Chronic obstructive pulmonary disease (COPD) is a progressive disorder with mild symptoms that get worse over timeand there's no cure. Lifestyle changes and treatments, however, can slow it down. In 2000, 3.9% of the U.S. population between the ages of 25–44 were living with COPD; that number was 7.7% for those between ages 55–64, and 9.5% in people over 74 years of age.
While smoking is a major risk factor, more than 15% of people who develop COPD have never smoked. Specialists like Neil Schachter, MD, a professor of pulmonary medicine and the medical director of the respiratory care department at Mount Sinai Medical Center in New York City, point to pollution, dust, poor air quality, and secondhand smoke as other significant risk factors. Knowing both the risks and symptoms to watch, experts say, can help prevent the disease and slow its progression.
COPD kills more than 100,000 Americans each year, and it is the fourth leading cause of death in the United States.
If you're in your 20s or 30s
A diagnosis of COPD is rare at this age. “Although we dont see COPD in children, we do realize now that children who have asthma may be at risk of COPD later in life because of the [lung changes] that result from asthma,” explains Dr. Schachter. Whether you think you're at risk or not, people under 40 can reduce their risk of COPD by avoiding cigarette smoke, dust, and pollution.
At this age, there is one especially vulnerable groupthose with a rare genetic disorder called alpha-1 antitrypsin deficiency. Only about 100,000 people in the United States have it, but it makes the lungs (and liver) incredibly sensitive to damage and can result in an under-30 diagnosis of COPD (even in otherwise healthy nonsmokers).
The problem is that many people don't know they have the gene until COPD has been diagnosed. However, if you have family members with COPD, you are at greater risk of being a gene carrier.
Bartolome Celli, MD, a professor of medicine in the pulmonary division of the Tufts University School of Medicine, in Boston, recommends that parents with COPD get tested first to check for deficiency; if they have it, their children should get checked. If you have the deficiency, says Dr. Celli, you can help prevent lung problems by avoiding dusty and smoky environments, eating a healthy diet, and getting vaccinations.
Whether you have a genetic predisposition or not, experts agree that the best way to prevent COPD is to avoid smoking, which can set the stage for a COPD diagnosis in your 40s and 50s. Smoking is responsible for about 75% of COPD deaths, according to the Centers for Disease Control and Prevention.
If you're in your 40s or 50s
The first thing you should do? Quit smoking. Research shows that the progression of COPD can be slowed in patients who quit the habit. If you do have COPD, Dr. Schachter recommends revamping your home to be as dust- and pollutant-free as possible: Use HEPA air filters; ditch dust-collecting wall-to-wall carpeting, space heaters, and dust ruffles; stop using your fireplace; fix areas with water damage that can breed mold; and limit contact with pets. “All of these things add up, and since people are exposed for many years, they can cause significant disease,” says Dr. Schachter. Of course, staying healthy with proper nutrition and a diet rich in antioxidants can also play a role in delaying the conditions progression, he adds.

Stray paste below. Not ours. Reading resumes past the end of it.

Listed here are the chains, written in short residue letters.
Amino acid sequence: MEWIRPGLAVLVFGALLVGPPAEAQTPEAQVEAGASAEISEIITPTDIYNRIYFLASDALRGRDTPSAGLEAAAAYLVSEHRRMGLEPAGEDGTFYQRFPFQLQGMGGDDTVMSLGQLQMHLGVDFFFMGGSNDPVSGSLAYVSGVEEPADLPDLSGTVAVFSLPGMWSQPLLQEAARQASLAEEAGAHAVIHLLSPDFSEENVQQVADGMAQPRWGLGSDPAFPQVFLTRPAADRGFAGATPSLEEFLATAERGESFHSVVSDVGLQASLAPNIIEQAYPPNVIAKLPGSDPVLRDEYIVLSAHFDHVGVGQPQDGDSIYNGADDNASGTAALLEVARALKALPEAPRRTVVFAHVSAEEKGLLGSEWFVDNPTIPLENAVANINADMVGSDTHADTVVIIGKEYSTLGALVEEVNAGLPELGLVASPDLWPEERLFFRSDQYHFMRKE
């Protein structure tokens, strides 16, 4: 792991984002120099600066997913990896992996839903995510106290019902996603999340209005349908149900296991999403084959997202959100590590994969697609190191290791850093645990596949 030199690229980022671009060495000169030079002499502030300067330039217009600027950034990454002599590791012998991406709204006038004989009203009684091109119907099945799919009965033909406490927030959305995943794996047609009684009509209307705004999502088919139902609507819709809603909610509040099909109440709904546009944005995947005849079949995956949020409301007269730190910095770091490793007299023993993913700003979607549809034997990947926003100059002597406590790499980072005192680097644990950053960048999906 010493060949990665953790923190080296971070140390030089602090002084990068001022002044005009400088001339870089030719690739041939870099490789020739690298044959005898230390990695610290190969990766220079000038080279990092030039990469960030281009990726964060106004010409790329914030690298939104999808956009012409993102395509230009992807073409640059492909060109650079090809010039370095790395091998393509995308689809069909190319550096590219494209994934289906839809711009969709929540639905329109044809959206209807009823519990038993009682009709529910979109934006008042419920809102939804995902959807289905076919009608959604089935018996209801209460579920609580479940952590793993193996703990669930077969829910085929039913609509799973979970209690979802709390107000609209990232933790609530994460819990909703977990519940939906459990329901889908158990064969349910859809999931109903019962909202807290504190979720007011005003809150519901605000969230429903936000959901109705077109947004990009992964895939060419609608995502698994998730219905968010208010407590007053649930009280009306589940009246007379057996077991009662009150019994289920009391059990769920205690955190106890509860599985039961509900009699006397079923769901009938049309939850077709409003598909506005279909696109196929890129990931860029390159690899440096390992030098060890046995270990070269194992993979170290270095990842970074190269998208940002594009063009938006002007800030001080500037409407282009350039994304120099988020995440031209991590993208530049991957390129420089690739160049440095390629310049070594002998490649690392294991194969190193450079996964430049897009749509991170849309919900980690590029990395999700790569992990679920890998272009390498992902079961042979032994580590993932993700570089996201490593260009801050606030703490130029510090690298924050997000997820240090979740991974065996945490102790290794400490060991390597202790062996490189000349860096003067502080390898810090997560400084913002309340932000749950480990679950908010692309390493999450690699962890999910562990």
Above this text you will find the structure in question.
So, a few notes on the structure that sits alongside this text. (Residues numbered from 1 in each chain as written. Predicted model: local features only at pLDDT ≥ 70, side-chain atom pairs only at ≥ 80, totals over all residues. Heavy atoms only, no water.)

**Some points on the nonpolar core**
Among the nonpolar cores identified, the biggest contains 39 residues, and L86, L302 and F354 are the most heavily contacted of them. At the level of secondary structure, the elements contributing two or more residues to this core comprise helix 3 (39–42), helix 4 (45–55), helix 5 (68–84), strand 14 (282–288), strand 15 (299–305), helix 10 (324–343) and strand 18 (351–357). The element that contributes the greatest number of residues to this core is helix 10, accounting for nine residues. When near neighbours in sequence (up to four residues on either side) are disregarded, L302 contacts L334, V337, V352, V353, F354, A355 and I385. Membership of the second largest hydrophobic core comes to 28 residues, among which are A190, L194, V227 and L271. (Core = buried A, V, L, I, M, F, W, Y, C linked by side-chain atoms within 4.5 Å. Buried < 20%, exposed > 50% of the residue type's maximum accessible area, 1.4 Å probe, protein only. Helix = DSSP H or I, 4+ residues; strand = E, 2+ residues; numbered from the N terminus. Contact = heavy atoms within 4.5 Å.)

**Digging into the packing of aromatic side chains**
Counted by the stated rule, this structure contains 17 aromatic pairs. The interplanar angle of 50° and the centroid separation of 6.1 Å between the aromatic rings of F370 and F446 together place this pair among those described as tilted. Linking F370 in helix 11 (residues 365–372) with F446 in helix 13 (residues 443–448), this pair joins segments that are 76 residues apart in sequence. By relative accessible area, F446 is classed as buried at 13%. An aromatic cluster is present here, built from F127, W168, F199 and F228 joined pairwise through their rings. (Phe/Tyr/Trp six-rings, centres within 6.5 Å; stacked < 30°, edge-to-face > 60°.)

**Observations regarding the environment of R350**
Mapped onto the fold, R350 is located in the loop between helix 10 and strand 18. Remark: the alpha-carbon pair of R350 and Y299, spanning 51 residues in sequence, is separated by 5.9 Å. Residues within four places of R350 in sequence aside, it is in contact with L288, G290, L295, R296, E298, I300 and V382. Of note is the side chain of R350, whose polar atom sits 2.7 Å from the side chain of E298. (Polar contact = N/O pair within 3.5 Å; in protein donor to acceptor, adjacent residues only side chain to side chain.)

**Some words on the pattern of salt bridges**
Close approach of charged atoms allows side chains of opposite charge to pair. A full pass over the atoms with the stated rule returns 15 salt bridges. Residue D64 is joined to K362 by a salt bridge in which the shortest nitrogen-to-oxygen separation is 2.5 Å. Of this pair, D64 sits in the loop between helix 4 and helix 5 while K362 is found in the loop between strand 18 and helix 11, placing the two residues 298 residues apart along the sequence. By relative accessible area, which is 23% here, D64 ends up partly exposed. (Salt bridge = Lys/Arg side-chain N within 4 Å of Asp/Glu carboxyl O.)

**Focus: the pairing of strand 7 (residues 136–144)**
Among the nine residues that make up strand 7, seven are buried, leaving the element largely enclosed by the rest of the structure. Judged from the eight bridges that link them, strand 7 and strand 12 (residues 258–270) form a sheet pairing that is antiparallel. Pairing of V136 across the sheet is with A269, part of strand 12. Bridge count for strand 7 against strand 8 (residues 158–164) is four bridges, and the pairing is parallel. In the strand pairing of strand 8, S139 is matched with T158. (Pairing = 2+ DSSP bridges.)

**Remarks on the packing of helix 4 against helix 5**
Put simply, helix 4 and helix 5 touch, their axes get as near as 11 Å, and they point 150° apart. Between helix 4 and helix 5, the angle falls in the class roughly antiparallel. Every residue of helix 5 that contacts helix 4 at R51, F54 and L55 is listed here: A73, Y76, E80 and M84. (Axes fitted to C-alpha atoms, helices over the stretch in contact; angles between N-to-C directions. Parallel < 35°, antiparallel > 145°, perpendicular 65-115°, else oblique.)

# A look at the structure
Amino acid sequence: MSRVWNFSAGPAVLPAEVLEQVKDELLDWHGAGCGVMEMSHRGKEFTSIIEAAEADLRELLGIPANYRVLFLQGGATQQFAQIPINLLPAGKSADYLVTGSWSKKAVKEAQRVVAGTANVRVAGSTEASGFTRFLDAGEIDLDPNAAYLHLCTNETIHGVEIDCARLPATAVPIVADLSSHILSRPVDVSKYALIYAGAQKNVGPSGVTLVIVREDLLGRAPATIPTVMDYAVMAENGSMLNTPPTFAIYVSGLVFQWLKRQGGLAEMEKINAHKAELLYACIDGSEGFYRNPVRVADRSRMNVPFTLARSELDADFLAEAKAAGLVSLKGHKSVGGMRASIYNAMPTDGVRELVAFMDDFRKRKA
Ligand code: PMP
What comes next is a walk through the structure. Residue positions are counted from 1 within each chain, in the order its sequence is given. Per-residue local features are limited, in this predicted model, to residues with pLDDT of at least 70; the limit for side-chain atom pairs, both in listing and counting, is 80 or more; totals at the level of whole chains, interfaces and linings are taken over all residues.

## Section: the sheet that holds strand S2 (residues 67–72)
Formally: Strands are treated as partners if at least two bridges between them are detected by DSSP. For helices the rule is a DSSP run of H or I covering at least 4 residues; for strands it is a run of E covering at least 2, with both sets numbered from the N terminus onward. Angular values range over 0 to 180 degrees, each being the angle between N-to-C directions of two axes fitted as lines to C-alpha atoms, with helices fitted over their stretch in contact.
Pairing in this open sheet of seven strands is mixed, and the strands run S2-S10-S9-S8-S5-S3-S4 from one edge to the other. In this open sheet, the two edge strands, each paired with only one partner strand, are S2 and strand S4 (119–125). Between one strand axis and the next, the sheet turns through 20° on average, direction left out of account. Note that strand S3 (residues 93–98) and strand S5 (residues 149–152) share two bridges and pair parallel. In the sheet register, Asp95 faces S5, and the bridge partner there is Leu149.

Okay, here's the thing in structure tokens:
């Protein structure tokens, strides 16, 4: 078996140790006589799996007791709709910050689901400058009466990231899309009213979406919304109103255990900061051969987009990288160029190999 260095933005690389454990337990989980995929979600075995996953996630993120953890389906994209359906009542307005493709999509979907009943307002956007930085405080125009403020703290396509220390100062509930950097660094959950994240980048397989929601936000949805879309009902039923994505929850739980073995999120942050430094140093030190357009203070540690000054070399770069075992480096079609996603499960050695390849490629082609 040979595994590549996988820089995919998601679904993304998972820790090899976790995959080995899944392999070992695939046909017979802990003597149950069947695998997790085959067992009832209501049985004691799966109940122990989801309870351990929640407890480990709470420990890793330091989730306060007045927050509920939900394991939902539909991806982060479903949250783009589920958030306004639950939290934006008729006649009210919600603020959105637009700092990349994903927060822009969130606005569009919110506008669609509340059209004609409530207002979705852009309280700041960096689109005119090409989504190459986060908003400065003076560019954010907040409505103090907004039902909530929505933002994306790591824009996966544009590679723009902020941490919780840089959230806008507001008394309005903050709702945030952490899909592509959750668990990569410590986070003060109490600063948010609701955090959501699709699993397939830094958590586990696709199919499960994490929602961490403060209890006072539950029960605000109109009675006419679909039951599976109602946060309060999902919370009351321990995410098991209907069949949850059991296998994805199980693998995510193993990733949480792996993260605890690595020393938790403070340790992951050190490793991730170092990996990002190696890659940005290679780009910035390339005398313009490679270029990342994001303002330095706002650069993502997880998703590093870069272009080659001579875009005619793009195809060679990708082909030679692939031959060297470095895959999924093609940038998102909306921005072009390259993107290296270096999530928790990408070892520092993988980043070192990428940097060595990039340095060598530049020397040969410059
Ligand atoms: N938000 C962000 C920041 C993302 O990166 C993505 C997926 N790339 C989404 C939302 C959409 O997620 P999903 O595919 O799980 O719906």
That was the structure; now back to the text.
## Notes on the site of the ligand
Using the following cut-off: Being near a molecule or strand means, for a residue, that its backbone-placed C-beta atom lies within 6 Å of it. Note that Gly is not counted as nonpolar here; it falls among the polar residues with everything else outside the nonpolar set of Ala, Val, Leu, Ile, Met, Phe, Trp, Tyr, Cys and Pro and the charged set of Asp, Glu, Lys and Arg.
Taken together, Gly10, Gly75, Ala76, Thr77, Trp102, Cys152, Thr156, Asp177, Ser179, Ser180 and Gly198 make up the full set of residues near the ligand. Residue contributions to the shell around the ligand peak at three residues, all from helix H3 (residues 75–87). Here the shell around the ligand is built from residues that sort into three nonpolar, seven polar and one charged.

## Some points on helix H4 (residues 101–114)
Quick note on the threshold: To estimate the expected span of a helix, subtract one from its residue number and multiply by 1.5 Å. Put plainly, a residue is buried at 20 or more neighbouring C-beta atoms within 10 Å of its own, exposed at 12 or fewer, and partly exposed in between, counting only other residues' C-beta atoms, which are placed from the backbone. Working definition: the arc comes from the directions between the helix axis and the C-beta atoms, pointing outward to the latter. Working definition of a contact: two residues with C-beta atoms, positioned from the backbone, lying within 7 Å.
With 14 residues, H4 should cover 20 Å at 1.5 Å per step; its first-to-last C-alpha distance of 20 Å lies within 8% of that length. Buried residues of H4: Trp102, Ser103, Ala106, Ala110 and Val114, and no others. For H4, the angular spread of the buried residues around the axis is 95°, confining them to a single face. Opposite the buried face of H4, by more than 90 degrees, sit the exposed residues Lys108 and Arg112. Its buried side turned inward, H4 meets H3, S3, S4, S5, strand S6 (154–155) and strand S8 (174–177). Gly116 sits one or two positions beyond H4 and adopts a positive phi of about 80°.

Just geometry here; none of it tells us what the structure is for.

At this age, patients often begin showing COPD symptoms such as chronic cough, wheezing, and excess phlegm. Symptoms sometimes mimic or overlap with asthma, and its important to get a correct diagnosis for the best treatment. “About 25% of people diagnosed with COPD are asthmatics who have experienced lung damage,” says Dr. Schachter.
According to Dr. Celli, other treatment options at this stage include pulmonary rehabilitation, which includes exercise training and breathing education. Medication can help too; a recent study showed that certain COPD therapies may slow down the decline in lung function.
If you're in your 60s and beyond
This is the age when COPD can hit the hardest and cause the most disability. If you're in your 60s or older, COPD symptoms can increase in frequency and severity: Coughing, wheezing, shortness of breath, and weight loss are some of the common complaints. In some severe cases, you might also experience headaches, bloating, swelling in the legs, and confusion.
At this stage, its important to protect yourself against colds and other respiratory tract infections. Infections such as pneumonia can cause a sudden worsening of symptoms, known as a COPD exacerbation, which can be life-threatening. (In addition to the standard COPD symptoms, exacerbations also may be accompanied by fever and fatigue.)
Dr. Schachter recommends getting an annual flu shot and vaccinations that can protect against certain kinds of pneumonia. He also suggests less than 30 minutes of daily exercise to boost your immune system so you are less likely to develop colds and infections.
In addition to a healthy lifestyle and specific COPD medications, oxygen therapy and even lung surgery are sometimes recommended for more serious cases.
But Dr. Celli says that the best medicine is to maintain a healthy lifestyle and not smoke. “If you catch [COPD] early enough, you can prevent or delay it from progression.”